A number of lawsuits have been filed against medical device maker Olympus Corp. for potentially fatal infections associated with the use of its TJF-Q180V duodenoscope. A duodenoscope is a slender, flexible scope inserted through the mouth and used for a variety of medical procedures, including biopsies of small intestine tissue. The design of the Olympus scopes, according to the Food and Drug Administration (FDA), made them difficult to thoroughly clean, resulting in hundreds of infections by a "superbug" known as carbapenem-resistant Enterobacteriaceae (CRE). The following is an overview of the device, the alleged negligence of the manufacturer, and other details about Olympus scope lawsuits.
Olympus Scopes and CRE Infections: Overview
Hospital staff at Virginia Mason Hospital in Seattle first traced a cluster of superbug infections to "closed-channel" duodenoscopes made by Olympus and other manufucturers in September 2013, but it wouldn't become public until The Seattle Times broke the story 16 months later. Similar outbreaks attributed to the device were reported by at least 16 other hospitals, according to U.S. Senate investigation report. The report goes on to say that neither the manufacturers nor the FDA alerted hospitals, physicians, or the public about these risks until more than a year later. In addition, Olympus failed to seek clearance from the FDA before it began selling its closed-channel duodenoscopes, a design change to an existing model.
More than 250 patients were injured worldwide as a result of inadequately cleaned closed-channel duodenoscopes between 2012 and 2015, according to the Senate report, most of them manufactured by Olympus. Some deaths also were reported, including 11 out of the 32 patients infected at Virginia Mason, but it's not clear exactly how many of these deaths were directly caused by the infections (many of the patients had terminal illnesses). Olympus has since recalled the devices, replacing the operating manual and reprocessing manual (for disinfecting the device between uses), while replacing a key part of the device.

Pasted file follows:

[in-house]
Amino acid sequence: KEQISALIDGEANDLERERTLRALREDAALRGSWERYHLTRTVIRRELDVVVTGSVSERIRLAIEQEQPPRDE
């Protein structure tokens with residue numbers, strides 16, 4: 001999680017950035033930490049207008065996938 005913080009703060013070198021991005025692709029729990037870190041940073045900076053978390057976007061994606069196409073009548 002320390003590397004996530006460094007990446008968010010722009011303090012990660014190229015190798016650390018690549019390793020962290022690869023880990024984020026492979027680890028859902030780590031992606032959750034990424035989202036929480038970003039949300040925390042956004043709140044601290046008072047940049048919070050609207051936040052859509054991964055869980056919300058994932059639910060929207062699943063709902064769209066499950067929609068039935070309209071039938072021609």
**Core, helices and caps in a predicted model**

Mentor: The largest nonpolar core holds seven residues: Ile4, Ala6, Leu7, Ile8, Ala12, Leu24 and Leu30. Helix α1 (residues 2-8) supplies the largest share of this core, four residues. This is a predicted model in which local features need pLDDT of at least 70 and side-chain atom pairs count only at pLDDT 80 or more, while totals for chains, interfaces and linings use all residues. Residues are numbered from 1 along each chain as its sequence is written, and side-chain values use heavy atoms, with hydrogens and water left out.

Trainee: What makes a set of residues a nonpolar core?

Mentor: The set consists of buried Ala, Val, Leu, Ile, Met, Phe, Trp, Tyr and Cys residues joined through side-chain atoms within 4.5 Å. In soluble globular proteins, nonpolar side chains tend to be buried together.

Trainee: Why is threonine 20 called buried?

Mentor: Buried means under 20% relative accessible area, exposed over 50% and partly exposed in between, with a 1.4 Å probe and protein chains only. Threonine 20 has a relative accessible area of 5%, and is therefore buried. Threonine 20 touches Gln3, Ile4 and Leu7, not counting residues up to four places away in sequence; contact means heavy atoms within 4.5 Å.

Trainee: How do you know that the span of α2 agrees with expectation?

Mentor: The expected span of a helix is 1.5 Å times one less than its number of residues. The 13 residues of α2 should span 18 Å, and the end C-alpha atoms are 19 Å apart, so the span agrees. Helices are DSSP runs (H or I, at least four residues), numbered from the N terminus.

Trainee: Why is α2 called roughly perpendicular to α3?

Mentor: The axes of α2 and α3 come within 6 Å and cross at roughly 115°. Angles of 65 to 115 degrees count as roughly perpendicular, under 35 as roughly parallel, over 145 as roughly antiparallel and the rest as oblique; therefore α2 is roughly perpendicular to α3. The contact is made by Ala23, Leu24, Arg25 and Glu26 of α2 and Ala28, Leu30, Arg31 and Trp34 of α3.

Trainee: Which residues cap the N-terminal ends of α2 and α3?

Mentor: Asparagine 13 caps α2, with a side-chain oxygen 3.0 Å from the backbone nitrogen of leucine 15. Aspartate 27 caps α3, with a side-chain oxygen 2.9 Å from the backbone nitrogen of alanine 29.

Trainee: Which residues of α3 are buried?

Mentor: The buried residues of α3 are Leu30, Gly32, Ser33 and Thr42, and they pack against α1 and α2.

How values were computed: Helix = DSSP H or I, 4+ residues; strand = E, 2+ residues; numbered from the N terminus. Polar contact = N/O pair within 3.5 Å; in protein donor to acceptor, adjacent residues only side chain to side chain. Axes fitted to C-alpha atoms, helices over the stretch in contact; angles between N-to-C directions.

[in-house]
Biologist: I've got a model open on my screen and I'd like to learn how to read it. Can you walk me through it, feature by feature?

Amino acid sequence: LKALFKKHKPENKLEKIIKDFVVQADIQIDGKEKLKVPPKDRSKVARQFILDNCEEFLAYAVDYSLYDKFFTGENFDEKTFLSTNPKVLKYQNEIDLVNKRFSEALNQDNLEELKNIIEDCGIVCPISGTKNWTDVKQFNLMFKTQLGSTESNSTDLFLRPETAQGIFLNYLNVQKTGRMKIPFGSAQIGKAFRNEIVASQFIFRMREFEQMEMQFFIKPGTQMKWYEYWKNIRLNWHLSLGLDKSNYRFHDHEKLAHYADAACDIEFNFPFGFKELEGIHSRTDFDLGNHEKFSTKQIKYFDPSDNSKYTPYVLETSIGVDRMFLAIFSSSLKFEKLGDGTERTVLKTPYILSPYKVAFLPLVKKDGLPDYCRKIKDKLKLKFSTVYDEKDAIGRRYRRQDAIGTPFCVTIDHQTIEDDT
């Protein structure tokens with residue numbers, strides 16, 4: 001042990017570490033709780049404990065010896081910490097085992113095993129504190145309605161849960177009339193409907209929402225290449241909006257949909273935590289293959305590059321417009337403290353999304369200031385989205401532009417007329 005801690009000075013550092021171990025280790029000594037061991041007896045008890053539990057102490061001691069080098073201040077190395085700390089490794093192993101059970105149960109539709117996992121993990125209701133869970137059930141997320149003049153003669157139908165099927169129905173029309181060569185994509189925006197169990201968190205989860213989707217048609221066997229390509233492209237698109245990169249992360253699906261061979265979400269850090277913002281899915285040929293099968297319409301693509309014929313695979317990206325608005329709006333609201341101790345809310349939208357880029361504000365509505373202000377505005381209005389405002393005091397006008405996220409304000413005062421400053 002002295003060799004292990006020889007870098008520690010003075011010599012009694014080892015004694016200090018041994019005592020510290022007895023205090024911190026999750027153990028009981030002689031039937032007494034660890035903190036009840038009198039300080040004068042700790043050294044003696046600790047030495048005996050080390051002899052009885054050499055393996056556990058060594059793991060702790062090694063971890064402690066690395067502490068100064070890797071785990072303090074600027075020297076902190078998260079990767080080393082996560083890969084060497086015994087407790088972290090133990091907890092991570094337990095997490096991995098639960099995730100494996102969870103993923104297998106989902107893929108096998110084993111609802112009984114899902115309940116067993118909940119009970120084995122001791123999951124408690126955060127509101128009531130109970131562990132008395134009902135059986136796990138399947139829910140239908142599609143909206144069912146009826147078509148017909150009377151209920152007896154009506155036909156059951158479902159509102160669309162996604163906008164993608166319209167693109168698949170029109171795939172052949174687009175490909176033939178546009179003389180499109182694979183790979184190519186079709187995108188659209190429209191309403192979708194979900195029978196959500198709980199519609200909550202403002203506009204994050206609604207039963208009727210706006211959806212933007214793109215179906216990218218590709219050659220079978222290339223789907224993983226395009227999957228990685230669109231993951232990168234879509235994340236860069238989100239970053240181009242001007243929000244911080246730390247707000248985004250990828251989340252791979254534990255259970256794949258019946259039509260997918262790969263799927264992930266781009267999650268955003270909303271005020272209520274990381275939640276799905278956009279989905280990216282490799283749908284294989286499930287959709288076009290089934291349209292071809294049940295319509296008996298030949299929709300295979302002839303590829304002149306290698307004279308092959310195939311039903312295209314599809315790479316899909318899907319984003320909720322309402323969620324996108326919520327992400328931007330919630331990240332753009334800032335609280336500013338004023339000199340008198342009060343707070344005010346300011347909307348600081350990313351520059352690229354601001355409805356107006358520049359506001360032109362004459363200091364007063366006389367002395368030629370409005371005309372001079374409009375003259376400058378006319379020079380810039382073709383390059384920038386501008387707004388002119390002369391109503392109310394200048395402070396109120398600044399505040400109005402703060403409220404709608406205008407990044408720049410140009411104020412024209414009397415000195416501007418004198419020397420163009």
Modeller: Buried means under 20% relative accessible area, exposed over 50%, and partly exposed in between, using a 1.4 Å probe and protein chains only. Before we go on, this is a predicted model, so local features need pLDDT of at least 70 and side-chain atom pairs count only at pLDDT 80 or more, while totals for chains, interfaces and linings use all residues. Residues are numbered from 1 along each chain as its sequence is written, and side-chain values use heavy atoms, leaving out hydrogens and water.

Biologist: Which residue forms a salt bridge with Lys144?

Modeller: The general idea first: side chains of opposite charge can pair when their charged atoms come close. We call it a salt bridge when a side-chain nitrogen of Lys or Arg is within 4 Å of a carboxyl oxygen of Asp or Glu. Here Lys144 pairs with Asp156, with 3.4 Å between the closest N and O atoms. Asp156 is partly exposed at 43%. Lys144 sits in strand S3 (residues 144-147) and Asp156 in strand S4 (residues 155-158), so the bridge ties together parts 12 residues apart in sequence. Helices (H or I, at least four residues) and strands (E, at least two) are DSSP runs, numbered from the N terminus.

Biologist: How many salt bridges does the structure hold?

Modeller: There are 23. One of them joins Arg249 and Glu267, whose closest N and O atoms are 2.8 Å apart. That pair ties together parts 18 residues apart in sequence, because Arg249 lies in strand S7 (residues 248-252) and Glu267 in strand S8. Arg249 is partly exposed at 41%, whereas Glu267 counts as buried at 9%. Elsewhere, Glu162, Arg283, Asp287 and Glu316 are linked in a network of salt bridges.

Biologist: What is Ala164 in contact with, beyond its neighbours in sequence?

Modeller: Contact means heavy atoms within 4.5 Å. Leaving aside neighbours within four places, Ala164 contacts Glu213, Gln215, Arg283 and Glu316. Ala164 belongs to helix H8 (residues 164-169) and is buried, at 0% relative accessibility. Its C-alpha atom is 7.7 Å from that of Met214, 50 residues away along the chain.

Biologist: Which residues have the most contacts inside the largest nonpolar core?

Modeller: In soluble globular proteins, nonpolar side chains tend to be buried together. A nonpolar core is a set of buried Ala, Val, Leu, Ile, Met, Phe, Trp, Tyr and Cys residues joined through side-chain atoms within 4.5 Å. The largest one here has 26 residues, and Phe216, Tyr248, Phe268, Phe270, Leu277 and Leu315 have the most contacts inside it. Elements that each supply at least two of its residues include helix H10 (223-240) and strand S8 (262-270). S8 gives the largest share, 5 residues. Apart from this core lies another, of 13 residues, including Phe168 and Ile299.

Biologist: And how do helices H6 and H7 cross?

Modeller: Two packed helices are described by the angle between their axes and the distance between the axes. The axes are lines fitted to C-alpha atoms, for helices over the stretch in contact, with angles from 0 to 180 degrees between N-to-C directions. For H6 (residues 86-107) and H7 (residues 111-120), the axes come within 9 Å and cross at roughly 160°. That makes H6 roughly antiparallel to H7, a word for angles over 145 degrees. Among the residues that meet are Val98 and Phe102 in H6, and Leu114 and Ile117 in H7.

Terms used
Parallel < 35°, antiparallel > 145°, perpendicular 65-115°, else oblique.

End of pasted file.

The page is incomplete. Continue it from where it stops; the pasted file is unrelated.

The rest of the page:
Wrongful Death: An Olympus Scope Lawsuit
Several patients have filed lawsuits against Olympus after experiencing septic shock, high fever, sepsis, and other complications caused by CRE infections. However, since it is so difficult to treat, nearly half of those infected with the superbug have died. Such was the case with Richard Bigler, who died in 2013 after being treated at Virginia Mason Hospital in Seattle. Although he also had been battling pancreatic cancer, his death certificate listed an antibiotic-resistant form of E.coli as having played a role in his death.
Bigler's widow, Theresa Bigler, filed a wrongful death lawsuit against both the hospital and Olympus, claiming the company knew its product was unsafe but failed to take action. She claimed the hospital was negligent by not informing infected patients about the outbreak after it was discovered, but eventually dropped her suit against the hospital, which joined Bigler's suit against Olympus in May 2015.
Other Claims Against Olympus
Central to many of these lawsuits is the claim that Olympus's redesign of its duodenoscopes, with the goal of making them easier to use, made them more difficult to properly clean. Olympus had argued that hospital staff wasn't properly cleaning the devices, but eventually conceded that its cleaning instructions were inadequate, providing updated instructions to doctors and hospitals. Lawsuits alleging fraud hinge on reports (such as the Senate report) that Olympus knew of problems with infections but failed to alert the doctors, hospitals, or the public.
Plaintiff Aaron Young, who nearly died from a CRE infection after a lengthy hospital stay, sued Olympus for negligence and fraud in February 2015. His complaint claims Olympus failed in its duty to provide an "effective and validated reprocessing protocol" -- in other words, updated cleaning instructions. And by knowing the difficulty in properly cleaning the device (and the resulting danger of infection), the suit claims, the company made false representations about its safety.
Get Free Legal Help with an Olympus Scope Lawsuit
While success is never guaranteed in a hospital setting, certain injuries are preventable. If you believe you may have been exposed to CRE or some other superbug after being treated with an Olympus scope, it's in your best interests to explore your legal options. A great first step is to contact an experienced injury attorney for a free claim evaluation.
Contact a qualified product liability attorney to make sure your rights are protected.